Ministers launch probe into the BBC’s ‘Islingtonian Left-wing bias’ as they review the broadcaster’s compliance with ‘impartiality requirements’
Ministers have opened up a fresh front with the BBC over accusations of its editorial bias by launching a major review focused on its compliance with ‘impartiality requirements’.
A mid-term review being announced later this week is expected to reignite tensions between the Government and the Corporation over claims that its output is too skewed towards a Left-wing, so-called ‘Islingtonian’ world view.
It comes against the backdrop of threats by Culture Secretary Nadine Dorries to scrap the £159-a-year licence fee when the current Royal charter comes to an end in 2027.
Ms Dorries said that the current model was ‘completely outdated’ and Ministers would be ‘looking very seriously about how we fund the BBC’, with decisions taken ‘well ahead’ of the Corporation’s charter renewal in 2027
The review, held at the mid-point of the ten-year charter, is also expected to examine whether the BBC abuses its dominant market position to the detriment of commercial rivals.
Government sources said the review would ‘assess how effectively the governance and regulation arrangements of the BBC are performing at the halfway point of the BBC charter’.
The review is also expected to examine whether the communications regulator Ofcom is ‘holding the BBC to account’ by assessing ‘the effectiveness of the BBC’s governance mechanisms… in ensuring compliance with its editorial standards including impartiality requirements’.
A White Paper published last month declared that the Government intended to put in place a new funding model for the broadcaster when the £3.2 billion-a-year licence fee deal expires in five years’ time, as part of plans to make the British broadcasting system ‘fit for the streaming age’.
Government sources said the review would ‘assess how effectively the governance and regulation arrangements of the BBC are performing at the halfway point of the BBC charter’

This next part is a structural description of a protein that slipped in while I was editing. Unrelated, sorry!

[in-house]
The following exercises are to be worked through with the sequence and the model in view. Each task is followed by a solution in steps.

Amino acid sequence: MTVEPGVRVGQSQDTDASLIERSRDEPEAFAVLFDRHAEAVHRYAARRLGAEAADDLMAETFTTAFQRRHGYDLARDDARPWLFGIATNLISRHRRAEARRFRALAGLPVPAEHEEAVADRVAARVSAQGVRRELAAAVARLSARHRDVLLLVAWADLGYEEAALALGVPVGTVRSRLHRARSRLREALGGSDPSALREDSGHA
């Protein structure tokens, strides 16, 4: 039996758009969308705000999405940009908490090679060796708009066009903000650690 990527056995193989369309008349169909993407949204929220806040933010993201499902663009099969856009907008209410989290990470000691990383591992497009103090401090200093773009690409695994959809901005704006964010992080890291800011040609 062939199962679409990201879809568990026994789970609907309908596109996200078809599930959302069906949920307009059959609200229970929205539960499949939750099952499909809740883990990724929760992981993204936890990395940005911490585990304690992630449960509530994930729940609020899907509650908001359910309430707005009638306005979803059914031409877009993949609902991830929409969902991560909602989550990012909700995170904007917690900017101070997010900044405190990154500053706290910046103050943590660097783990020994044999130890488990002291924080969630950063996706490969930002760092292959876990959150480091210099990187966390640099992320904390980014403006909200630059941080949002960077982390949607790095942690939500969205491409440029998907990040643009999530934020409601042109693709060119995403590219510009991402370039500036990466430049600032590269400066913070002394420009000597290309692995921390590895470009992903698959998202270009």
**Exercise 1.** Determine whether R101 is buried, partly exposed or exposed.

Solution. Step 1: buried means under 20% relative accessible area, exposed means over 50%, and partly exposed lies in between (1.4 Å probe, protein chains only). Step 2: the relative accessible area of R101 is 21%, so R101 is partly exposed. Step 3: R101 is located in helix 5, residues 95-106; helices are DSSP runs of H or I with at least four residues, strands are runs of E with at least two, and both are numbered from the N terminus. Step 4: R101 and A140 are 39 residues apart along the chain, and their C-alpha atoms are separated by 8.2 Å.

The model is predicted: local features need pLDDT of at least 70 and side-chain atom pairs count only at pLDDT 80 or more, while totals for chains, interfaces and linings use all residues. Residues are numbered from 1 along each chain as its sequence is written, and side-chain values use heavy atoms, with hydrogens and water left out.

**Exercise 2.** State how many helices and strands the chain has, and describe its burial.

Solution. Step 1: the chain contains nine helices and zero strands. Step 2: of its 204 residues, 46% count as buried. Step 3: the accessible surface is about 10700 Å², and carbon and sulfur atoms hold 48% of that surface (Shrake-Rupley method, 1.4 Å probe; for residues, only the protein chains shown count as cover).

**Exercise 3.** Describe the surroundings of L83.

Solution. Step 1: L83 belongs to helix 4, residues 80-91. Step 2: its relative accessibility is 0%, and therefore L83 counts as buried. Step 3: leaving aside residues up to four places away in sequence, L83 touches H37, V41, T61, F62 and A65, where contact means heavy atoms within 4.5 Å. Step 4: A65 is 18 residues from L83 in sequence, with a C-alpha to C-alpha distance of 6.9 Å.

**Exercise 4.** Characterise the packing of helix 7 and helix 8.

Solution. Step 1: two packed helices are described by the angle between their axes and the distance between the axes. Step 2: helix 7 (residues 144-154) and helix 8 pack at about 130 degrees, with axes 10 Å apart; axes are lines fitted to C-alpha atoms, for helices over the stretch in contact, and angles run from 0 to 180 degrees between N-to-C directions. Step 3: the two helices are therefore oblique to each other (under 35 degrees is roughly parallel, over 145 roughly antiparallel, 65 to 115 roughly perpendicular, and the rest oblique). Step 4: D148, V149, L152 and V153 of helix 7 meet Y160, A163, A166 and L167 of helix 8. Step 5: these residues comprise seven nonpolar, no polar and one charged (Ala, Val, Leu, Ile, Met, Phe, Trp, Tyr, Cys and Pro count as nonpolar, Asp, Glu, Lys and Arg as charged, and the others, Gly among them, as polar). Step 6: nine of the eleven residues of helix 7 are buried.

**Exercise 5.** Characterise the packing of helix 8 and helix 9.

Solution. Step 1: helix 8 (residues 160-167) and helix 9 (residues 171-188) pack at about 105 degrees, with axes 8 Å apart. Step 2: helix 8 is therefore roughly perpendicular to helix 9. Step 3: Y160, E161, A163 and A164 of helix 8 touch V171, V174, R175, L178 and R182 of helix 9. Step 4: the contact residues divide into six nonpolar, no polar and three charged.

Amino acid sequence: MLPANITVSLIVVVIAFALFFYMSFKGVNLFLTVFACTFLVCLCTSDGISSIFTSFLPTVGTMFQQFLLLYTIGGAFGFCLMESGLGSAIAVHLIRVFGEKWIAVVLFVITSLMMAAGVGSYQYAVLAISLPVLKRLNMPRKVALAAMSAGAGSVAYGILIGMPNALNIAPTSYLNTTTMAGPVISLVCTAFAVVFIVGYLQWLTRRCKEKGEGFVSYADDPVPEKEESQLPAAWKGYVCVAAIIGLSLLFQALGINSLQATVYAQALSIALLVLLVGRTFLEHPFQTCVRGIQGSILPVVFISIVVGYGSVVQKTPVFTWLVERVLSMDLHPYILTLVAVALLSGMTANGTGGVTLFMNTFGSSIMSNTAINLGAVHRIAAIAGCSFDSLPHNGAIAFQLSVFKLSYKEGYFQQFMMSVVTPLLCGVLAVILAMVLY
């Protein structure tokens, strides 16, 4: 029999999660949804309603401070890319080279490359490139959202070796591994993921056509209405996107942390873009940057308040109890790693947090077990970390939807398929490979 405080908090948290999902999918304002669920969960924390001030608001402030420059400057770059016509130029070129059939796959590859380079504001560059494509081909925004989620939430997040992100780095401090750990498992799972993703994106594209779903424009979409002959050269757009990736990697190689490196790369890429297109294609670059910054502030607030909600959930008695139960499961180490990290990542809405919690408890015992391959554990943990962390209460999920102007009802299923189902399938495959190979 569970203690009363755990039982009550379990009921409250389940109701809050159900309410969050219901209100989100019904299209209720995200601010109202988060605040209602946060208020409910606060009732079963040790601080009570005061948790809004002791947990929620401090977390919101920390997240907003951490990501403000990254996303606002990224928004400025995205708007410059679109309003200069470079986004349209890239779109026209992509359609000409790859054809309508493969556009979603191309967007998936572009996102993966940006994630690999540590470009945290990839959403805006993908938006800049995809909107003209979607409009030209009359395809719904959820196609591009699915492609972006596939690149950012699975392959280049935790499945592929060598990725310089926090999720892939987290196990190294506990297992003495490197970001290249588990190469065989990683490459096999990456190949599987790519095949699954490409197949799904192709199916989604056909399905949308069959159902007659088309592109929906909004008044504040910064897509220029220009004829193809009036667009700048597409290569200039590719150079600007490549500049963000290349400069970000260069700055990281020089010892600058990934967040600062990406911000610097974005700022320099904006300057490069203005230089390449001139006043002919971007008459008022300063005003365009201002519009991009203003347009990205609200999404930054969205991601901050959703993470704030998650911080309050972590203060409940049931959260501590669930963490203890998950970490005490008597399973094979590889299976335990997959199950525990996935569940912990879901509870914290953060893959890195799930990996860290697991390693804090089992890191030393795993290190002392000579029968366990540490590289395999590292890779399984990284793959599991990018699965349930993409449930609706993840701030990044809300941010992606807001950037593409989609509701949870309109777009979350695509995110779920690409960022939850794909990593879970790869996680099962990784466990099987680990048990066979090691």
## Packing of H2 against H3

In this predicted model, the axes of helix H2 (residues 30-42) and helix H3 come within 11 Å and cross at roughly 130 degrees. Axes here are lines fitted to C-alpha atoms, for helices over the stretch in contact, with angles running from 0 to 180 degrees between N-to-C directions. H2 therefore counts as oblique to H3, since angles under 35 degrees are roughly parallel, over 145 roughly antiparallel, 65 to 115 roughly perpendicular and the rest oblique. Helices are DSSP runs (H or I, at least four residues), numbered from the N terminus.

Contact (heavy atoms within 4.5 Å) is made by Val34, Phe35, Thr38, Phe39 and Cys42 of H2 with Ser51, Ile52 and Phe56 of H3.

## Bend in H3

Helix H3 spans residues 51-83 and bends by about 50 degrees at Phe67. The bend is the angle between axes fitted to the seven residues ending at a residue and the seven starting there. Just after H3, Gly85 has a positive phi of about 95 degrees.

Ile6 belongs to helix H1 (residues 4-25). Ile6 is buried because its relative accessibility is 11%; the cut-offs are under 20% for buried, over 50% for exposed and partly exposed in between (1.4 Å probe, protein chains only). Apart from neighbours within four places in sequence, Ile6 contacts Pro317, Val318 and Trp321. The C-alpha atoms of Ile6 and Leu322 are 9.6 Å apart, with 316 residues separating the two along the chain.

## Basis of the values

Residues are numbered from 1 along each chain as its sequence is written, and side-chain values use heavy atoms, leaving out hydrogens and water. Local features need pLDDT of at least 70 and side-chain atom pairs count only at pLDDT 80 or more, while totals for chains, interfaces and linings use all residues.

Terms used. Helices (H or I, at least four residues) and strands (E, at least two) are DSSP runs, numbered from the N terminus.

Ms Dorries said that the current model was ‘completely outdated’ and Ministers would be ‘looking very seriously about how we fund the BBC’, with decisions taken ‘well ahead’ of the Corporation’s charter renewal in 2027.
She has frozen the fee at £159 for the next two years, after which it will increase by roughly ten per cent over the following four years.
The spiralling inflation rate – currently nine per cent – means that the Corporation will be forced to find savings of more than £1 billion over the next five years.
Possible alternatives to the licence fee include some form of voluntary Netflix-style subscription model, allowing the BBC to have advertising, imposing a broadband levy, linking the charge to council tax or a hybrid combination of different ideas.
Ms Dorries has previously criticised the BBC’s approach as ‘elitist’ and ‘snobbish’ and has accused it of being dominated by anti-Brexit, Left-wing staff, with too many ‘dull, boring, male and ageing wig-wearing men’ presenting programmes.
Tensions grew further during the Partygate rows about alleged breaches of lockdown rules in Downing Street, which No 10 said was being given excessive airtime by the BBC.
During the height of the coverage, one senior Government figure said that it ‘felt like the BBC isn’t going to stop until Boris has gone’.
A Government source said: ‘The review will examine closely the way the BBC handles complaints through its BBC First system, and Ofcom’s framework for assessing BBC complaints as part of ensuring effective oversight of the BBC and its relationship with licence fee payers.
‘The review will also consider the BBC’s market impact on commercial radio and local news sectors.’
The review is expected to take about 12 months to complete.